Becoming Information-Driven Begins with Pragmatic AI

Written by guest blogger, David Schubmehl, IDC Research Director, Cognitive/Artificial Intelligence Systems.  Sponsored by Sinequa.

Over the last several years, I’ve spoken to many organizations that have all asked the same question: How can we most effectively make use of all of the research, documents, email, customer records and other information that our employees have collected over the years, especially those that are now retiring? In the past, organizations had corporate libraries and corporate librarians whose job it was to help collect, organize, and disseminate information to employees and staff when and where they needed it. That department and positions are long gone from most organizations today. Why have they gone? The rate of data and documents (including research papers, contracts, and even emails) has exploded, making this task impossible. But let’s be honest: even before today’s information explosion, no classification system could ever keep up with the fast pace of change in the economy. No one could have foreseen today’s most important questions, in content categories that did not exist until today. And with the baby boomers retiring at an ever-increasing rate, an urgent question must be asked: How do organizations get the most value from the vast amounts of information and knowledge that they’ve accumulated over decades?

IDC has identified the characteristics of organizations that are able to extract more value out of the information and the data available to them. Leader organizations make use of information access and analysis technologies to facilitate information access, retrieval, location, discovery, and sharing among their employees and other stakeholders. These insight leaders are characterized by:

  • Strategic use of information extracted from both content and data assets
  • Efficient access to unified and efficient access to information
  • Effective query capabilities (including dashboards)
  • Effective sharing and reuse of information among employees and other stakeholders
  • Access to subject matter experts and to the accumulated expertise of the organization
  • Effective leverage of relationships between information from different content and data sources

So how can artificial intelligence (AI) and machine learning affect information access and retrieval? The types of questions that are best answered by AI-enabled information access and retrieval tools are those that require input from many different data sources and often aren’t simple yes/no answers. In many cases, these types of questions rely on semantic reasoning where AI makes connections across an aggregated corpus of data and uses reasoning strategies to surface insights about entities and relationships. This is often done by building a broad-based searchable information index covering structured, unstructured, and semi-structured data across a range of topics (commonly called a knowledge base) and then using a knowledge graph that supports the AI based reasoning.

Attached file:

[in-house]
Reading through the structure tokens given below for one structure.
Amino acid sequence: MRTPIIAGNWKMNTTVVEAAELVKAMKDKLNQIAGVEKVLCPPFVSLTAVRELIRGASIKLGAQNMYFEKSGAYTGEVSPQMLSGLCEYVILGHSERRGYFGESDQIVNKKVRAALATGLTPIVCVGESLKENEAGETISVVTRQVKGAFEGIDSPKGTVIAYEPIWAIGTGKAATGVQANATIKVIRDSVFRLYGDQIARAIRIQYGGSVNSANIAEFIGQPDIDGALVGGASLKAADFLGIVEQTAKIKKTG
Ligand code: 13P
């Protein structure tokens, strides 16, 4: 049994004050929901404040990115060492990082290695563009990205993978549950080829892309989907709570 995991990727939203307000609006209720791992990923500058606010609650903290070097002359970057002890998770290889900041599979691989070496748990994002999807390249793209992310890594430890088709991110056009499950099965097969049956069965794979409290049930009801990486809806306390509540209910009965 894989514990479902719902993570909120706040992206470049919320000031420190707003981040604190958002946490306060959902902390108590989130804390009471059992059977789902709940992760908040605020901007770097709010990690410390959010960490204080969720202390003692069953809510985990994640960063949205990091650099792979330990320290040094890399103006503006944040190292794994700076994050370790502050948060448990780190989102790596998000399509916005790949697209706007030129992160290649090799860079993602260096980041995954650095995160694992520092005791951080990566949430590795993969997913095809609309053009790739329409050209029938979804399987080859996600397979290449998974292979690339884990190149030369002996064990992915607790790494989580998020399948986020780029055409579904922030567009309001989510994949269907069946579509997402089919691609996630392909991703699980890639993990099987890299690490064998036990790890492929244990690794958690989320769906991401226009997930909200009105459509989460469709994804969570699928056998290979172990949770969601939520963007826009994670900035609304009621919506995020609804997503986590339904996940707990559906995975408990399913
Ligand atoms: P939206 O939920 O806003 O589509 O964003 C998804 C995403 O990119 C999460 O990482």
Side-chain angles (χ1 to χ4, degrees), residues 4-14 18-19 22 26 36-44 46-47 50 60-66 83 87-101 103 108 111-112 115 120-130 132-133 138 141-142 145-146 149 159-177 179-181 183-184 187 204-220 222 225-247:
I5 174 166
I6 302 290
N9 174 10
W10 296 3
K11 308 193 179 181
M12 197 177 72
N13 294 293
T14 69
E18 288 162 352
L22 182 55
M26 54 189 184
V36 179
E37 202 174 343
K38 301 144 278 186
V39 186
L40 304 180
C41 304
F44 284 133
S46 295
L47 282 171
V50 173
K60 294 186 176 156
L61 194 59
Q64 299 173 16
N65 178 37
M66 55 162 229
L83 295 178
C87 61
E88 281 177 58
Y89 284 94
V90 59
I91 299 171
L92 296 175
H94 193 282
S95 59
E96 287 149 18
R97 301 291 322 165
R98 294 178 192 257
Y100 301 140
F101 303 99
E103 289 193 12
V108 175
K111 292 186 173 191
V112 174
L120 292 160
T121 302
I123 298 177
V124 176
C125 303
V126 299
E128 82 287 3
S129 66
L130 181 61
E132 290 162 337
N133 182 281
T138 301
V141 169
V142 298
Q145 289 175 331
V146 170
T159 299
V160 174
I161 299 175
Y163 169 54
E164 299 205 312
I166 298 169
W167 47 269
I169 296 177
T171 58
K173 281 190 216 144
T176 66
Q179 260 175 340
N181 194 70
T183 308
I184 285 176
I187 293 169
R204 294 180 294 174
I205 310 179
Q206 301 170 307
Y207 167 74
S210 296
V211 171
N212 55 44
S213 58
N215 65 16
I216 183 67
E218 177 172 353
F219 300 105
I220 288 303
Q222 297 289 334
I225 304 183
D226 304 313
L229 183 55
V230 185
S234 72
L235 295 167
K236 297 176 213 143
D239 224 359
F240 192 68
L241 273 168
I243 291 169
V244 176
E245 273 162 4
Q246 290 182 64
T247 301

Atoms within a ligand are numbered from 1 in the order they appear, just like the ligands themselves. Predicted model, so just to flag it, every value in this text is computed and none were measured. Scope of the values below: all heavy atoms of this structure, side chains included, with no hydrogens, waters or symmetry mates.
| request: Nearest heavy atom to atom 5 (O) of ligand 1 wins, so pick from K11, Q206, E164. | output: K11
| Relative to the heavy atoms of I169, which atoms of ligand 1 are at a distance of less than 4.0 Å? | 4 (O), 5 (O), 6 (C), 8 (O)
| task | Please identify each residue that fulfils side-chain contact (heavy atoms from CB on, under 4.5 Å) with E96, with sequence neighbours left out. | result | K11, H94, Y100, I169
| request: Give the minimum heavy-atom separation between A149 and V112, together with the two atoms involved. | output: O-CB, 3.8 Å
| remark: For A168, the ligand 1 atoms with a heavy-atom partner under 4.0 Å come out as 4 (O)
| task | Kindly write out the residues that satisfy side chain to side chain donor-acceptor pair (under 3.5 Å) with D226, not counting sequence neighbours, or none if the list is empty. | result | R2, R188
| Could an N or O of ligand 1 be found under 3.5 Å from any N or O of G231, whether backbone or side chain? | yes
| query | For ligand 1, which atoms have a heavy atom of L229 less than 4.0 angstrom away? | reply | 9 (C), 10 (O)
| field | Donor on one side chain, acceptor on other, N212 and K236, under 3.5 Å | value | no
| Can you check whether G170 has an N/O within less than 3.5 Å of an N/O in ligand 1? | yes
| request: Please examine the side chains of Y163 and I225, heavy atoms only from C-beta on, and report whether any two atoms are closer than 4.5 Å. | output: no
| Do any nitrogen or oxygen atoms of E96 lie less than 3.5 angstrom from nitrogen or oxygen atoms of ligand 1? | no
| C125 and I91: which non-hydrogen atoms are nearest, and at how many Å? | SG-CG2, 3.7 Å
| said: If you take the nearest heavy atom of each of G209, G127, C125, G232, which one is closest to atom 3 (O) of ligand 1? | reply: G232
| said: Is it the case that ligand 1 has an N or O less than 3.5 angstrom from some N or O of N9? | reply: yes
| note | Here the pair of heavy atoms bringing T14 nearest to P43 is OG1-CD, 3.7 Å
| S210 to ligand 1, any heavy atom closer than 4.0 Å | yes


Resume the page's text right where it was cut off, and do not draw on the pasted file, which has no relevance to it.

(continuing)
AI-enabled search systems facilitate the discovery, use, and informed collaboration during analysis and decision making. These technologies use information curation, machine learning, information retrieval, knowledge graphs, relevancy training, anomaly detection, and numerous other components to help workers answer questions, predict future events, surface unseen relationships and trends, provide recommendations, and take actions to fix issues.

Content analytics, natural language processing, and entity and relationship extraction are key components in dealing with enterprise information. According to IDC’s Global DataSphere model developed in 2018, of the 29 ZB of data creation, 88% is unstructured content that needs the aforementioned technologies to understand and extract the value from it. In addition, most of this content is stored in dozens, if not hundreds of individual silos, so repository connectors and content aggregation capabilities are also highly desired.

AI and machine learning provide actionable insights and can enable intelligent automation and decision making. Key technology and process considerations include:

  • Gleaning insights from unstructured data and helping to “connect the dots” between previously unrelated data points
  • Presenting actionable information in context to surface insights, inform decisions, and elevate productivity with an easy-to-use application
  • Utilizing information handling technologies that can be used in large scale deployments in complex, heterogeneous, and data-sensitive environments
  • Enriching content automatically and at scale
  • Improving relevancy continuously over time, based on user actions driven by machine learning
  • Improving understanding by intelligently analyzing unstructured content

IDC believes that the future for AI-based information access and retrieval systems is very bright, because the use of AI and machine learning coupled with next-generation content analysis technologies enable search systems to empower knowledge workers with the right information at the right time.

The bottom line is this: enabled by machine learning–based automation, there will be a massive change in the way data and content is managed and analyzed to provide advisory services and support or automate decision making across the enterprise. Using information-driven technologies and processes, the scope of knowledge work, advisory services, and decisions that will benefit from automation will expand exponentially based on intelligent AI-driven systems like those that Sinequa is offering.

For more information on using AI to be an information leader, I invite you to read the IDC Infographic, Become Information Driven, sponsored by Sinequa at https://www.sinequa.com/become-information-driven-sinequa/

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